Just came back from a "mini-vacation" in Hot Springs, Arkansas. Below are some pictures from a relatively new botanical garden in Hot Springs just off Lake Hamilton. Here are some excerpts from "History of Garvan Woodland Gardens". Along the dramatic ridges of a forested peninsula jutting off of Lake Hamilton, 210 acres showcase Garvan Woodland Gardens which combine the natural beauty of the Ouachita Mountains with a display of both native and exotic plants, preserving as much of the lands natural character as possible. Originally named the Twentieth Century Gardens, it was the dream of a local business woman Verna Cook Garvan. She invested large amounts of her time and a great deal of her fortune to create the Gardens. At her death in 1993, Mrs. Garvan donated the property to the University of Arkansas School of Architecture which administers the Garden today. The University did not actually start working with the Garden until 2000 due to the property being in probate. During that time they drew up a 25 year master garden plan and have been procuring development funds. Currently the Garden hosts several miles of ADA accessible trails, as well as, winding stone paths for the adventurous. The ebb and flow of the garden paths through perfect woodland areas balanced with native and exotic plantings gives the impression of an older established Japanese Garden. Bridges, placement of boulders and trees are all done with such a subtle harmony that it is much like walking through a fairy tale perfect forest. In keeping with the Japanese theme they have added a Bonsai Garden with some western changes incorporating natural elements from Arkansas. Vertical sandstone slabs replace traditional stucco backdrops and square cut boulders of quartzite sandstone replace the traditional wooden display pedestals. There are plans for building a traditional bonsai shed and expanding the Bonsai Garden. Another unique feature of the Garden is a scale model train display that is landscaped with live plants. The Garden has displays for all seasons and currently the Camellia Trail is awash in color from these cool weather blooms.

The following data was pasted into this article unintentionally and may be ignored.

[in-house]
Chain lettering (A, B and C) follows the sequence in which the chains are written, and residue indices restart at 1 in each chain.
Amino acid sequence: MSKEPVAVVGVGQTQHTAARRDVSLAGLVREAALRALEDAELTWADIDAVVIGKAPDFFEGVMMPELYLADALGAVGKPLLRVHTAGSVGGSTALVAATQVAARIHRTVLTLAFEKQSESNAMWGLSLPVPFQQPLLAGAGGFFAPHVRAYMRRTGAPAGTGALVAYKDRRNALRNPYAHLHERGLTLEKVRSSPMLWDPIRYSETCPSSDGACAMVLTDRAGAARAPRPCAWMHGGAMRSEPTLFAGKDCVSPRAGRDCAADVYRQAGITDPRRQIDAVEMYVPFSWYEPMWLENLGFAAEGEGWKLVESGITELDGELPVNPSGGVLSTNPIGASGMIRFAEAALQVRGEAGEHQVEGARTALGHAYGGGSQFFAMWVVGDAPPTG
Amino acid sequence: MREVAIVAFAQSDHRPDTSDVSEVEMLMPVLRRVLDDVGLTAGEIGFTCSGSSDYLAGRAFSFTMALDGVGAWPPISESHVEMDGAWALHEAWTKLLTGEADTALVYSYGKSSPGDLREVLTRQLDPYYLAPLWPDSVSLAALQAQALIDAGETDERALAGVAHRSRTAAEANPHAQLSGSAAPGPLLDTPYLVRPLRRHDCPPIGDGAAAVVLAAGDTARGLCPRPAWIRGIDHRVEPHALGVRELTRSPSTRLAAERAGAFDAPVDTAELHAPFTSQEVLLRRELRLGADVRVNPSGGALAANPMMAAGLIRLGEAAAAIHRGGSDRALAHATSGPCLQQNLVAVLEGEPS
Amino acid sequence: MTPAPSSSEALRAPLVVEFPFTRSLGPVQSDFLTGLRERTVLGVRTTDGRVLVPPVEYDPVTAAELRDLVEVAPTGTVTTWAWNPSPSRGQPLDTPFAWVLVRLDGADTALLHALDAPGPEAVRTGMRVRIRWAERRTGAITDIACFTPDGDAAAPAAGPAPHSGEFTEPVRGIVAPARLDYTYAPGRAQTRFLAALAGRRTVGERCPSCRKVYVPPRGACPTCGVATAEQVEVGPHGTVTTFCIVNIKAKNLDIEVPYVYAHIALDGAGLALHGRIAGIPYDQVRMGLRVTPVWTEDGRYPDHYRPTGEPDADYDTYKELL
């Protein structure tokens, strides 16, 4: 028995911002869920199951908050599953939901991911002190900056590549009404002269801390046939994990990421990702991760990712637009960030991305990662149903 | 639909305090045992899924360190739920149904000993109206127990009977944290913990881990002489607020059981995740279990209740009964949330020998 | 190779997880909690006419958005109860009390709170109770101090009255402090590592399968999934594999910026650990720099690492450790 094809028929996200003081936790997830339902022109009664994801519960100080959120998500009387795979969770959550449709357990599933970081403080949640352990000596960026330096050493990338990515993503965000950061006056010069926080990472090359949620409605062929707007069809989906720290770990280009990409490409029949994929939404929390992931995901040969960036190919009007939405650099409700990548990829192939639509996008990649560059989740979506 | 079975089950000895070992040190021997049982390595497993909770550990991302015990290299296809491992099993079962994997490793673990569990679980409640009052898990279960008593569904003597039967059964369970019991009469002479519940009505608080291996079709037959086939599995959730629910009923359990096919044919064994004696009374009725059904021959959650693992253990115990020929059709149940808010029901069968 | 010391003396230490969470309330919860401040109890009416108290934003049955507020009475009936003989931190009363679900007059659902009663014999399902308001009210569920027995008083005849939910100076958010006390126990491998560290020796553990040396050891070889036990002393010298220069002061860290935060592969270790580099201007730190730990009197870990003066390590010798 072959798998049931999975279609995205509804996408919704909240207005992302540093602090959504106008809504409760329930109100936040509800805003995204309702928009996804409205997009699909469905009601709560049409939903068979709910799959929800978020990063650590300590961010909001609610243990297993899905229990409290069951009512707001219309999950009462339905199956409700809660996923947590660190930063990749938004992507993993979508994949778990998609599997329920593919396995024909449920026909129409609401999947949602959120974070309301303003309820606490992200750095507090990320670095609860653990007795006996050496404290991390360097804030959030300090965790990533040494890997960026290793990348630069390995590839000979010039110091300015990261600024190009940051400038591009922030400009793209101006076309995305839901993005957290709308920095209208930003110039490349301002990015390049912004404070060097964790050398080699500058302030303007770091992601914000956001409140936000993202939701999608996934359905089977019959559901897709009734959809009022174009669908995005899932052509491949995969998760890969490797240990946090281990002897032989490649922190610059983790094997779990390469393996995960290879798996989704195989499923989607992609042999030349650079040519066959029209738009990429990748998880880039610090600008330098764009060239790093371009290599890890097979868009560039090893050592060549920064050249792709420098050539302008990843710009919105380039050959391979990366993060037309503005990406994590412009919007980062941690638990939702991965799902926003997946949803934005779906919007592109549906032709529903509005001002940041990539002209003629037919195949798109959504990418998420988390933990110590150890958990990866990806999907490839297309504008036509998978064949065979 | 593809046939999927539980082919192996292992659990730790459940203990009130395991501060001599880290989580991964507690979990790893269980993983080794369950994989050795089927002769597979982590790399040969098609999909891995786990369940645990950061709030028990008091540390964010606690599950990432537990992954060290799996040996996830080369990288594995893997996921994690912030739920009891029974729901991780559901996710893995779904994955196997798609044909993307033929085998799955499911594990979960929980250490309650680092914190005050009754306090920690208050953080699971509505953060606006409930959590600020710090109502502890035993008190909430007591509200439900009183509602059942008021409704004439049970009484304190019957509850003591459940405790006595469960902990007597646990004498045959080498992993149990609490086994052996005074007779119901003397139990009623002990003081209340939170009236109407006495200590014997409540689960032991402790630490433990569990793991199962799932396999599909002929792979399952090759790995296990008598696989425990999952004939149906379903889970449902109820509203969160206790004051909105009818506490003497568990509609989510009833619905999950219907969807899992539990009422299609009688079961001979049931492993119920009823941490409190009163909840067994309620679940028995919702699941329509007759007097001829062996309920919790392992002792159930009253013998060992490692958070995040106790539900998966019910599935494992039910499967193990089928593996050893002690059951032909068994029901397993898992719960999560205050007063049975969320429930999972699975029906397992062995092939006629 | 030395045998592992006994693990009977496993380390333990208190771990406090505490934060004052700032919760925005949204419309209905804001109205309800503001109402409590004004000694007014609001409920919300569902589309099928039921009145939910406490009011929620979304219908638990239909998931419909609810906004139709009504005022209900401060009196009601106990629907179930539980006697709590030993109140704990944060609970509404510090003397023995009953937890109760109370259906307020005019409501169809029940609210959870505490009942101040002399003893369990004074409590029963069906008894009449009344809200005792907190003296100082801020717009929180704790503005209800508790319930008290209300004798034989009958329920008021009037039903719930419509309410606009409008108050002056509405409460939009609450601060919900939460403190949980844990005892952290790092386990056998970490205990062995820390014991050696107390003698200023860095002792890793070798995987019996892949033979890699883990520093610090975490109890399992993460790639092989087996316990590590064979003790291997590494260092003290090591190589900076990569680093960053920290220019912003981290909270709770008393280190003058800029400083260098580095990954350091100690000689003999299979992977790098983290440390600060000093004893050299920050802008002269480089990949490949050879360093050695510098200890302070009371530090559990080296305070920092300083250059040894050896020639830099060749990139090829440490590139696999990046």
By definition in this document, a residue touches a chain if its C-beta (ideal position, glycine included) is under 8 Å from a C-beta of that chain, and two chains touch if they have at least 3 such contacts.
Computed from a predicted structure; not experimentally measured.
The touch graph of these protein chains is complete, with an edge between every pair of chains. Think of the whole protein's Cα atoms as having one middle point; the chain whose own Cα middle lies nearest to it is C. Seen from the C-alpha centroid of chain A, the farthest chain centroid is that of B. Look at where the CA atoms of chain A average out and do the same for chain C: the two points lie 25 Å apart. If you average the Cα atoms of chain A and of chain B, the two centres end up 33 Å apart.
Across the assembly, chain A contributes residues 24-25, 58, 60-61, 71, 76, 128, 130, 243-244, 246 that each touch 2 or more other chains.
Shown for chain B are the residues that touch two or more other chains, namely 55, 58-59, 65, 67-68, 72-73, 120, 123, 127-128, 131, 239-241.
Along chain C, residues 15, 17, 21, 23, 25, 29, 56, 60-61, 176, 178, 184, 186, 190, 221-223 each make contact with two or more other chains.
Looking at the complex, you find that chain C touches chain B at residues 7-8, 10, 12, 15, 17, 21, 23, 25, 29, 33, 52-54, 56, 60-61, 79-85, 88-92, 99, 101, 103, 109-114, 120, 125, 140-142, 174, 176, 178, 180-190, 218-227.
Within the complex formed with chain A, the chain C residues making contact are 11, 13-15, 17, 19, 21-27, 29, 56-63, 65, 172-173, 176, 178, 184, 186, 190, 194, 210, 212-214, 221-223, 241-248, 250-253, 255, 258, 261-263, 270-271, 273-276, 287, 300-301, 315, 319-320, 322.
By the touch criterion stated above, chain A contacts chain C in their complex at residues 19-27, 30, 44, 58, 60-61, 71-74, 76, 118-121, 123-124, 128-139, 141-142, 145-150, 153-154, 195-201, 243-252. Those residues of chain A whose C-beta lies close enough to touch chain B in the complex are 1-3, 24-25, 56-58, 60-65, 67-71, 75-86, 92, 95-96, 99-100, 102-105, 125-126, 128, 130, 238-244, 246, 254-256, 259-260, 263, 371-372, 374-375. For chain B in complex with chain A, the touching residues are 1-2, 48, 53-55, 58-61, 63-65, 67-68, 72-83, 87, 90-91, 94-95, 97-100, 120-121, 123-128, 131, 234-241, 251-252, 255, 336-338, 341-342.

Updated: 8:31 AM GMT on October 28, 2007
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